Books of Scripture themselves mould the language in which they are written. The House of Justice believes that if translators strive to render the words of the Báb, Bahá'u'lláh and 'Abdu'l-Bahá into English in a way that reproduces as accurately as possible the meaning of the originals, that is as beautiful as possible, and that harmonizes closely with the style used by Shoghi Effendi, these Writings themselves will have a far-reaching effect on the ability of Bahá'ís, and especially Bahá'í children and youth, to use the English language effectively for thought and for expression.
Of course the most fundamental requirement for the attainment of a good translation is the availability of the translator who has not only a thorough understanding of the original language, but also is able to write in clear and beautiful French, so that he can re-express in French not only the true meaning of the original, but can clothe it in language which appropriately reproduces in the French idiom the beauty of style of the original. While a literal translation is almost inevitably a bad translation, the translator must guard against departing from or adding to the meaning of the original even though he may have to use a phrase to translate a word, or reduce a phrase in the original to one word in the French, or recast the order of a sentence, or replace a metaphor which would be meaningless if translated literally by an equivalent one which conveys the same meaning. In translating Shoghi Effendi's writings in particular, you may find that many of his long sentences, which are perfectly clear in English, are impossible in French and must be divided into shorter ones.
If there is no French-speaking Bahá'í with the requisite command of both languages, or if such friends are over-burdened, you may most certainly employ non-Bahá'í translators. Here, however, you may face another problem, that of the translator's understanding the Bahá'í teachings which underlie the words. It would be essential for you to have such translations carefully checked by knowledgeable Bahá'ís, who can raise with the translator any passages which they feel convey the wrong meaning.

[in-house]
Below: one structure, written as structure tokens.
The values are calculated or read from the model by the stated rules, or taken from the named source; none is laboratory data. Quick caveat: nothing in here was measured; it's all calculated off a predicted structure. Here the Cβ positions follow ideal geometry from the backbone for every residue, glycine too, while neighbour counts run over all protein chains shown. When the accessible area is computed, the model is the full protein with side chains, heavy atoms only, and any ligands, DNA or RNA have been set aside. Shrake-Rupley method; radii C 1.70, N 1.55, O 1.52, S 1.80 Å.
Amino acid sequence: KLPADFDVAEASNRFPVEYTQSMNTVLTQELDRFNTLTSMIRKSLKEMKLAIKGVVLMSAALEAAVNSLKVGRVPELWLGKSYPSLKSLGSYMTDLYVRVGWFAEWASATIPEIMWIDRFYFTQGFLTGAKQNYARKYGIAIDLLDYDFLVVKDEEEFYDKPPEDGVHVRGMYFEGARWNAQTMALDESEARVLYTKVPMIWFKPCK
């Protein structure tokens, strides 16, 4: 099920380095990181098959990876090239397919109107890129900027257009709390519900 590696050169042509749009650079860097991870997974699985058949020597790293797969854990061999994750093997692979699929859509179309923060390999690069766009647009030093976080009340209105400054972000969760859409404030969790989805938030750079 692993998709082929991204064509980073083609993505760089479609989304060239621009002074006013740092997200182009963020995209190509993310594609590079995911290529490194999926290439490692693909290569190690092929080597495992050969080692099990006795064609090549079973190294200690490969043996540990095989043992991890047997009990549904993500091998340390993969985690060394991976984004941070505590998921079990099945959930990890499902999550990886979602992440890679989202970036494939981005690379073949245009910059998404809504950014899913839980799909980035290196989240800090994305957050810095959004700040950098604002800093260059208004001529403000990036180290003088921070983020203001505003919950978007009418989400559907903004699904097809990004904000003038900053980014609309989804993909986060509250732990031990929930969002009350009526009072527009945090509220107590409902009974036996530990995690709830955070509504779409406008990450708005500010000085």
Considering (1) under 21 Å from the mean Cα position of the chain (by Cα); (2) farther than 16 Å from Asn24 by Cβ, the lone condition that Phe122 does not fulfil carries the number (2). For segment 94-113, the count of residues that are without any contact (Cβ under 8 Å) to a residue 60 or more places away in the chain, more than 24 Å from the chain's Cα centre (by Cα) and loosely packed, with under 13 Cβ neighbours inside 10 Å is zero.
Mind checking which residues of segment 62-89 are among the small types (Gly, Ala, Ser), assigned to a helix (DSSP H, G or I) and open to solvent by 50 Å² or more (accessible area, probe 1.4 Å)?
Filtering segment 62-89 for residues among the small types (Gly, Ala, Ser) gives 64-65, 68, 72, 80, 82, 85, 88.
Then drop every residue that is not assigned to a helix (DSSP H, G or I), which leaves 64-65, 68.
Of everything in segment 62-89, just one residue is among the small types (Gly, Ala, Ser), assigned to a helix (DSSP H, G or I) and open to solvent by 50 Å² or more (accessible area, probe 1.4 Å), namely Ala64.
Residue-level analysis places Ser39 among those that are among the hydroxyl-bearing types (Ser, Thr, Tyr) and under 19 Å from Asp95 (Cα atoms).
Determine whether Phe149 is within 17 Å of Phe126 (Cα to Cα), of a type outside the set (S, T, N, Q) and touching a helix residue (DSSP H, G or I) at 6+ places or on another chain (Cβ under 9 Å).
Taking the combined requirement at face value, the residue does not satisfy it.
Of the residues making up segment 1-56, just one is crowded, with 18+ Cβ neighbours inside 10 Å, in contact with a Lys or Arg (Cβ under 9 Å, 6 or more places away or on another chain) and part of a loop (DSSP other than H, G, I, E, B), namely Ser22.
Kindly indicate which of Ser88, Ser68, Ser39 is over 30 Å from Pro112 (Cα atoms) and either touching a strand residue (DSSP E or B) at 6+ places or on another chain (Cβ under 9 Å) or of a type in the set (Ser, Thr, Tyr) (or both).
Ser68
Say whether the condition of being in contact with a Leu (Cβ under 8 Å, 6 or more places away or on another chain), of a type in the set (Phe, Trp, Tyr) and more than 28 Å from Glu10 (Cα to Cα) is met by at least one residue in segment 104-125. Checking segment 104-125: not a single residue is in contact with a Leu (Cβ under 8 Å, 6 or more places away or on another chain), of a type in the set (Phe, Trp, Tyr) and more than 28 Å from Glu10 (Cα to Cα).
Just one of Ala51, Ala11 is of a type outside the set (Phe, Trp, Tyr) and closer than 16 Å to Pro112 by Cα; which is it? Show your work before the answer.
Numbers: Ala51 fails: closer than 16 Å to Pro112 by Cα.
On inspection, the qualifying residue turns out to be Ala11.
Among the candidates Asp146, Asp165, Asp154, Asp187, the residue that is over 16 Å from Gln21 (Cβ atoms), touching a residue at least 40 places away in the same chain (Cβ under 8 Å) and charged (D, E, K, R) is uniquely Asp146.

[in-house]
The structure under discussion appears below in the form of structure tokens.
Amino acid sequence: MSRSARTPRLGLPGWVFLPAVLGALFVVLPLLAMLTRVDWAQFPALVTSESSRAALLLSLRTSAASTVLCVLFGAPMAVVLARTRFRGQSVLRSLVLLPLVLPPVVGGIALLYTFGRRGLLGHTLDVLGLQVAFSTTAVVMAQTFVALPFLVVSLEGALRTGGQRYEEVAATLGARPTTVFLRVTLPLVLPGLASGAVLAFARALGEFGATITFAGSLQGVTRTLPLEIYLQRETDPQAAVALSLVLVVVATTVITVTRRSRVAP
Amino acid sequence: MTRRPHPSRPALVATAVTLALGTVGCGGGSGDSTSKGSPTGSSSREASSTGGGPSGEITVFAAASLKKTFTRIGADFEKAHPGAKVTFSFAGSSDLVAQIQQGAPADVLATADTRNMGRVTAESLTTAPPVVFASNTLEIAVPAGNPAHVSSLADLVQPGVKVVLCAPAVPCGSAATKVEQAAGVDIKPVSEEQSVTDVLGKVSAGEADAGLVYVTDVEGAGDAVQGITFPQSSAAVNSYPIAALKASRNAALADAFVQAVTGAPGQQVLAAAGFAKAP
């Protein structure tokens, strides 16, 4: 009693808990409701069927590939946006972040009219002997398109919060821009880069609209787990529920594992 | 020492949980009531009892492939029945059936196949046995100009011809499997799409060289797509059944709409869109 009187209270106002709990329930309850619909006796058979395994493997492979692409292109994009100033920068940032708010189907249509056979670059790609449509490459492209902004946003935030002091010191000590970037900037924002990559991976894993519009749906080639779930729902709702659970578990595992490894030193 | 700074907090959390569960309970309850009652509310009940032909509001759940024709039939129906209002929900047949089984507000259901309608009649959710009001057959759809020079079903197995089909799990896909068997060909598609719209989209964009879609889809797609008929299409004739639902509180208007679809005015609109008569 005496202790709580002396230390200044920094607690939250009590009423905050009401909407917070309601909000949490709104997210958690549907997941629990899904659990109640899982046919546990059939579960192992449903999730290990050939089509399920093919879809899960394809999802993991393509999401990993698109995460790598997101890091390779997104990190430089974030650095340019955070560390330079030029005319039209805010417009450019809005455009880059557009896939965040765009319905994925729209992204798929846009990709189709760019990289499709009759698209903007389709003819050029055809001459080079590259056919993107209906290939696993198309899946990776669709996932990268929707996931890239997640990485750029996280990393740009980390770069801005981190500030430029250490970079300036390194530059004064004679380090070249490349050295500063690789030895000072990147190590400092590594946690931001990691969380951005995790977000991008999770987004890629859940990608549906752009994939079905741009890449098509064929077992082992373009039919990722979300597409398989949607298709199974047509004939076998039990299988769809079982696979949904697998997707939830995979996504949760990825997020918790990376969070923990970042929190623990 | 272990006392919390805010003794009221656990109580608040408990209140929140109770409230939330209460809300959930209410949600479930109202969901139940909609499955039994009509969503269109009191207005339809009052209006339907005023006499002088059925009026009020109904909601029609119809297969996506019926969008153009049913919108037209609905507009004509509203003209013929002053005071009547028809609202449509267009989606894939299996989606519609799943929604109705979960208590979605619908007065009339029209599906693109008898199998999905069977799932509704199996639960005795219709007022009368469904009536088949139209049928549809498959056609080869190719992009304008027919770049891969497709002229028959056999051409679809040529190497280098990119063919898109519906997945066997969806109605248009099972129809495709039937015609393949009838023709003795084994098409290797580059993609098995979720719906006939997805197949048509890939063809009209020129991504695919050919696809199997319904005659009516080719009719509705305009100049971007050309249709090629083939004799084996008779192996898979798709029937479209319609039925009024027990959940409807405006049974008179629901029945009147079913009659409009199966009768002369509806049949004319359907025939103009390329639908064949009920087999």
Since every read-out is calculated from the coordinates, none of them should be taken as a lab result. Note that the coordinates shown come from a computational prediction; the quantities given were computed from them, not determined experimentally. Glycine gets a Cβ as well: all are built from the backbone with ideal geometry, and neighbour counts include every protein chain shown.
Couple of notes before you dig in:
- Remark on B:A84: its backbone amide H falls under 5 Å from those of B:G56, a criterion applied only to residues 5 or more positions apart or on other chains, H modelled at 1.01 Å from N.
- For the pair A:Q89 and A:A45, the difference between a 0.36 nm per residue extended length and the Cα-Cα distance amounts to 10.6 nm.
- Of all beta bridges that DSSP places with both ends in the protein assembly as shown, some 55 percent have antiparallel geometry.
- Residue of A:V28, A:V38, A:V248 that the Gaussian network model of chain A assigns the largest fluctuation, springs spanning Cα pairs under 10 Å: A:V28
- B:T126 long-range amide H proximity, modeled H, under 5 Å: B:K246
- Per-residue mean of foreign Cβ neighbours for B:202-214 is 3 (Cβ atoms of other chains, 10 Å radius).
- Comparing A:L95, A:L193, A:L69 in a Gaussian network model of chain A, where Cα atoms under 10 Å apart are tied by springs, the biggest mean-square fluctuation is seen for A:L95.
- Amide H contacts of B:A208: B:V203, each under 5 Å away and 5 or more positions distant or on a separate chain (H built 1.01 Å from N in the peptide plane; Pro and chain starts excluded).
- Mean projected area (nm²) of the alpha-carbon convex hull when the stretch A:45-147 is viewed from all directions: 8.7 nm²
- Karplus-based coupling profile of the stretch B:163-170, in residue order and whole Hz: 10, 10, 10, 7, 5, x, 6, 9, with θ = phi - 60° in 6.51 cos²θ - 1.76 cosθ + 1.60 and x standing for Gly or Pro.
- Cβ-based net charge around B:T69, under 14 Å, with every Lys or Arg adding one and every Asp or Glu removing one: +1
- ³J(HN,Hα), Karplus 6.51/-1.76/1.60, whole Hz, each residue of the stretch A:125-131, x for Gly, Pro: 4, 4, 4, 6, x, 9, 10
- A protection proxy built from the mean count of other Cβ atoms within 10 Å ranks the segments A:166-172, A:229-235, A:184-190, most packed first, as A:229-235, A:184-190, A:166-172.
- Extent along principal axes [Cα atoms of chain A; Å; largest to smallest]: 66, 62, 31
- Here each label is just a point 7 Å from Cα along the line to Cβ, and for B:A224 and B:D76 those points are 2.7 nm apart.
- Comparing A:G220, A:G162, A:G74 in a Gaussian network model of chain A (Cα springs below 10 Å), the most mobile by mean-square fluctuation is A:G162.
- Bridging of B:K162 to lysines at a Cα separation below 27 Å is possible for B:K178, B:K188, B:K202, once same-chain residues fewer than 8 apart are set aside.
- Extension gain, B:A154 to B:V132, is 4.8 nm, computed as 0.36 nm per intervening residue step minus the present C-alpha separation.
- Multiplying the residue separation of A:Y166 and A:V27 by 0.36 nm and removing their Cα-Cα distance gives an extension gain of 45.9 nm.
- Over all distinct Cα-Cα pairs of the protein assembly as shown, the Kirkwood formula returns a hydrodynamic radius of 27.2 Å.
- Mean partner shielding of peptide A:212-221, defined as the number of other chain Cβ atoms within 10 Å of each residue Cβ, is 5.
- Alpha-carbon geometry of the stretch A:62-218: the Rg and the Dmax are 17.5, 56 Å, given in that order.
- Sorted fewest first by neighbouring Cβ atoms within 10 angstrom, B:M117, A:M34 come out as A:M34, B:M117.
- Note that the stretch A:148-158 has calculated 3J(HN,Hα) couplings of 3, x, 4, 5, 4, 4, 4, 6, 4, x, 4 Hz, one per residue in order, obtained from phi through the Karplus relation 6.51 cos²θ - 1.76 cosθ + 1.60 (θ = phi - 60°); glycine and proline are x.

When you are having any of the Sacred Texts translated on the basis of authorized English translations, you should involve in the work one or more Bahá'ís who are fluent in French and are also familiar with the original Arabic or Persian. Thus, when the translator finds he is unable to grasp the exact meaning of the English words, his understanding can be illuminated by reference to the original texts.
Translations of the Bahá'í Holy Writings into
English and their Publication
4 July 1999
The principal purpose of these policies is to extend the use of provisional translations to publications in books and pamphlets, provided that they are of adequate quality, without involving the delays which would be required to have them thoroughly reviewed, corrected and polished.
Bahá'í World Centre
Department of the Secretariat
16 September 1992
Dear Bahá'í Friend,